Over the past couple of years Bank of America (BAC) has made tremendous strides in many facets of its business. And if you don't believe me, simply take a look at the chart below; the stock is hitting multi-year highs. This is not by accident, however, as management has been making sure BAC is focused on cutting extraneous costs and going after profitable revenue. To that end, this article will take a look at BAC's cost of funds as a way to measure just how efficient BAC has become at obtaining and lending its funds in relation to how much revenue it can derive from these funds.
To start, for the purpose of this article I've defined "cost of funds" simply as interest expense divided by average earning assets. In this way we can determine how much of the company's earning assets are being spent solely to fund the asset base. In other words, the lower the number here, the better as it means BAC is becoming more and more efficient and thereby deriving higher and higher margins from its loans.
As you can see, there are a couple of interesting things at play here. First, the run up to the financial crisis saw BAC's cost of funds more than double from 1.7% to 3.7%. This was due to BAC's tremendous leverage that was built up in its quest to lend as much as possible during the housing boom. BAC took on large amounts of long term debt, some of which it is still paying off to this day. Needless to say, getting away from the core business of taking deposits and lending them is what got BAC into trouble and this chart shows one big way that happened.
However, since the unmitigated disaster that was the financial crisis BAC has done an exemplary job of remedying this most unpleasant situation by reducing its cost of funds down to a microscopic ~75 basis points in 2013. I don't have to tell you what that can do for a bank's profitability and we are seeing it in spades with BAC. In short, the way to interpret this chart is that during the financial crisis, BAC was spending $3.75 to finance $100 in earning assets; that number is now $0.75. That leaves an enormous amount of room for additional margin and outsized earnings expansion.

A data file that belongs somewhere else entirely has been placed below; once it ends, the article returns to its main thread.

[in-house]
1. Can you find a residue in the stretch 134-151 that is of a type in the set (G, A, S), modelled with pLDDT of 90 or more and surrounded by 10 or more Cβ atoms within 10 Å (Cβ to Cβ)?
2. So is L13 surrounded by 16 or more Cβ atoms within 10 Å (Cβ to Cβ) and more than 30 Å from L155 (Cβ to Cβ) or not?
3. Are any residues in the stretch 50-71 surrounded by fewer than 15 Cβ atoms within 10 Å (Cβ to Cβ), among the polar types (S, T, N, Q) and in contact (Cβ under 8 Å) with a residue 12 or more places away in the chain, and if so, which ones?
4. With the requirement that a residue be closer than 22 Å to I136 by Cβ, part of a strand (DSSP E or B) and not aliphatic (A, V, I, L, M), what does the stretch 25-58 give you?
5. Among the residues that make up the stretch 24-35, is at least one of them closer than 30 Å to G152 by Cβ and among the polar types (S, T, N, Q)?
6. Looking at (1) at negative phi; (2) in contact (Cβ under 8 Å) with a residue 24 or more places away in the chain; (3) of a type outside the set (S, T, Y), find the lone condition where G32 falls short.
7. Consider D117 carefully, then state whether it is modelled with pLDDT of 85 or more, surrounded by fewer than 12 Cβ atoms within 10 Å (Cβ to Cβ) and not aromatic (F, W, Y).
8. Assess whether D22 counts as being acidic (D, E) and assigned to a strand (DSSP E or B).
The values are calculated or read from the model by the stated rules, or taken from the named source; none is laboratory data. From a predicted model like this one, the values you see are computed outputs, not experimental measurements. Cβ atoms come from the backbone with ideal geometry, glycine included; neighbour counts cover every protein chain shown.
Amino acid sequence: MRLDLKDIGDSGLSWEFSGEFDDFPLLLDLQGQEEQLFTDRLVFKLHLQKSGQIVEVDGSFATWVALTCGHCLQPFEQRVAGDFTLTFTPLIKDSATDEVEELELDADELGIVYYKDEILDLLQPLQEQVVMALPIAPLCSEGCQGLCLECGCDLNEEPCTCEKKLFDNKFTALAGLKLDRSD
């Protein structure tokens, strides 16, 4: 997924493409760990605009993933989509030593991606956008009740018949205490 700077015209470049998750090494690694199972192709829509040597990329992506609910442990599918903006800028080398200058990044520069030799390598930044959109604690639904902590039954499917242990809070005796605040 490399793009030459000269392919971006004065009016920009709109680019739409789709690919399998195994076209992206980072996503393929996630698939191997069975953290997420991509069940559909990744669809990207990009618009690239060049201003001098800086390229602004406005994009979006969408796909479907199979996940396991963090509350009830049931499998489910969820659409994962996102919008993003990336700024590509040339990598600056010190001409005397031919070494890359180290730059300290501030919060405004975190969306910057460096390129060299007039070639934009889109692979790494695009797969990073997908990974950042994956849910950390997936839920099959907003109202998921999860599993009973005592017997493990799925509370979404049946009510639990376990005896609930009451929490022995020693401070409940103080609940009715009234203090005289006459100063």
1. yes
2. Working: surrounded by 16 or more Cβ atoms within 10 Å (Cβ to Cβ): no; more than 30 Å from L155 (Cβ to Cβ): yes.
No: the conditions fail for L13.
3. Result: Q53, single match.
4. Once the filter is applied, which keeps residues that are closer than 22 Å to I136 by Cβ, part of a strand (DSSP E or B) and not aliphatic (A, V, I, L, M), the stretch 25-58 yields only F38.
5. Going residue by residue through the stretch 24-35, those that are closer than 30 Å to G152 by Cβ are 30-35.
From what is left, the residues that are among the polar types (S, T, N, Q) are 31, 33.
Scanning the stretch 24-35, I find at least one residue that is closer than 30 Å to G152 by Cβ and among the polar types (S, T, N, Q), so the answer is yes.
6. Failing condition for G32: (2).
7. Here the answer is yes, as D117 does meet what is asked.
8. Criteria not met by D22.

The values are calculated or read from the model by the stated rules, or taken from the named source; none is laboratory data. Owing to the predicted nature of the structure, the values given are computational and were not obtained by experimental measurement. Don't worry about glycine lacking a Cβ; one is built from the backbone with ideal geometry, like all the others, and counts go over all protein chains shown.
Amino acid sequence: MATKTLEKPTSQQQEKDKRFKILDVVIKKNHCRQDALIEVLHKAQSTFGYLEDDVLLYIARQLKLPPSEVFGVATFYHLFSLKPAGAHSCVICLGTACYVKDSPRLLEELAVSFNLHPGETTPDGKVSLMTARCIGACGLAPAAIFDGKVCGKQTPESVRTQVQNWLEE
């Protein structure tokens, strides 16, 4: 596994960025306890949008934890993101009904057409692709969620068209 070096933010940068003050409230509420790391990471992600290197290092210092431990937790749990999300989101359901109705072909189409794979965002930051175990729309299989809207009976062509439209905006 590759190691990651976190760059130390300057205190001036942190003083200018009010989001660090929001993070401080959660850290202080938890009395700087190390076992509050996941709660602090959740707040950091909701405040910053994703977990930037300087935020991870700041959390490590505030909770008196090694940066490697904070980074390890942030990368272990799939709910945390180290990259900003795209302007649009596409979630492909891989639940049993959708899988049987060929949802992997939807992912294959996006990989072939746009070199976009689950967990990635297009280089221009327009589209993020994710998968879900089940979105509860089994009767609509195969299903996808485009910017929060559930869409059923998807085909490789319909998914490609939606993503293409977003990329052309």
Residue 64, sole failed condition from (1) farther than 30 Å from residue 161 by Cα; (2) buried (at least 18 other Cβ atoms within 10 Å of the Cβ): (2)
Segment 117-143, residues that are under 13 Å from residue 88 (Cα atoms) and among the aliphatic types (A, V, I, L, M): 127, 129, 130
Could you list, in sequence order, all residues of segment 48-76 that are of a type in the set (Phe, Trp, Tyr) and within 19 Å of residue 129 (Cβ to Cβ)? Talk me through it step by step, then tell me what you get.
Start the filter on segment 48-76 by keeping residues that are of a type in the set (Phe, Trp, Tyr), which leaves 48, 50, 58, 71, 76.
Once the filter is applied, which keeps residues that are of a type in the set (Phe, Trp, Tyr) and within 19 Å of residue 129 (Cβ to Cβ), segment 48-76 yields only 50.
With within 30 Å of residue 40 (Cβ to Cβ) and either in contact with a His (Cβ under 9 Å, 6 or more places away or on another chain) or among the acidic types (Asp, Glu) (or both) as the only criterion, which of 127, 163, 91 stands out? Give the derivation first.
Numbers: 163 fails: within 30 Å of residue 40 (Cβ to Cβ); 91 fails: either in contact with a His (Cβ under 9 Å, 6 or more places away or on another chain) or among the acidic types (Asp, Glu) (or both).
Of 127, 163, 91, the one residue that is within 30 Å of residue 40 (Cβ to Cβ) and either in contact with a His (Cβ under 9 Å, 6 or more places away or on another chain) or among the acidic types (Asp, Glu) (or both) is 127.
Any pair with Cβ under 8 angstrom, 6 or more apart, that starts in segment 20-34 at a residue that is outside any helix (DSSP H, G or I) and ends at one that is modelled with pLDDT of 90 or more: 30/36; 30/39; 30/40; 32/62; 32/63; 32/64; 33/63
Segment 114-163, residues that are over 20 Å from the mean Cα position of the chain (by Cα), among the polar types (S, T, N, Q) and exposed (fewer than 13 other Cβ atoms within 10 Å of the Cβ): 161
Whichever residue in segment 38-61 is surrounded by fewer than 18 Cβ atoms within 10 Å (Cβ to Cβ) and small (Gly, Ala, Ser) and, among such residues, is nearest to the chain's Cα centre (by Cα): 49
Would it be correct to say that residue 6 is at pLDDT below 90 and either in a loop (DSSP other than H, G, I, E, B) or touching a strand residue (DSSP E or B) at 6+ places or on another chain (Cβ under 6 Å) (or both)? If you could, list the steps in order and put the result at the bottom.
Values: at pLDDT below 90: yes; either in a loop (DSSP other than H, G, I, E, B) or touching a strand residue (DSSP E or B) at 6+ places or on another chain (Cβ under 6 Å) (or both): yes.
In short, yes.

BAC's debt reduction and commensurate cost of funds reduction, as I've defined it, show that BAC is not only on the road to sustainable profitability but growing profitability. After leveraging itself to the moon and back again BAC has come to its senses and is once again operating like a bank. The fruits of this labor can be seen in its cost of funds as that metric has plummeted at a staggering rate since the financial crisis. Not only is BAC leaner, meaner and smarter than it was during the crisis, it is also able to lend its assets that are financed much more cheaply than before, making it even easier to expand margins and profitability in the coming years. Factor in the likelihood of rising rates and you've got a recipe for tremendous earnings growth in the future.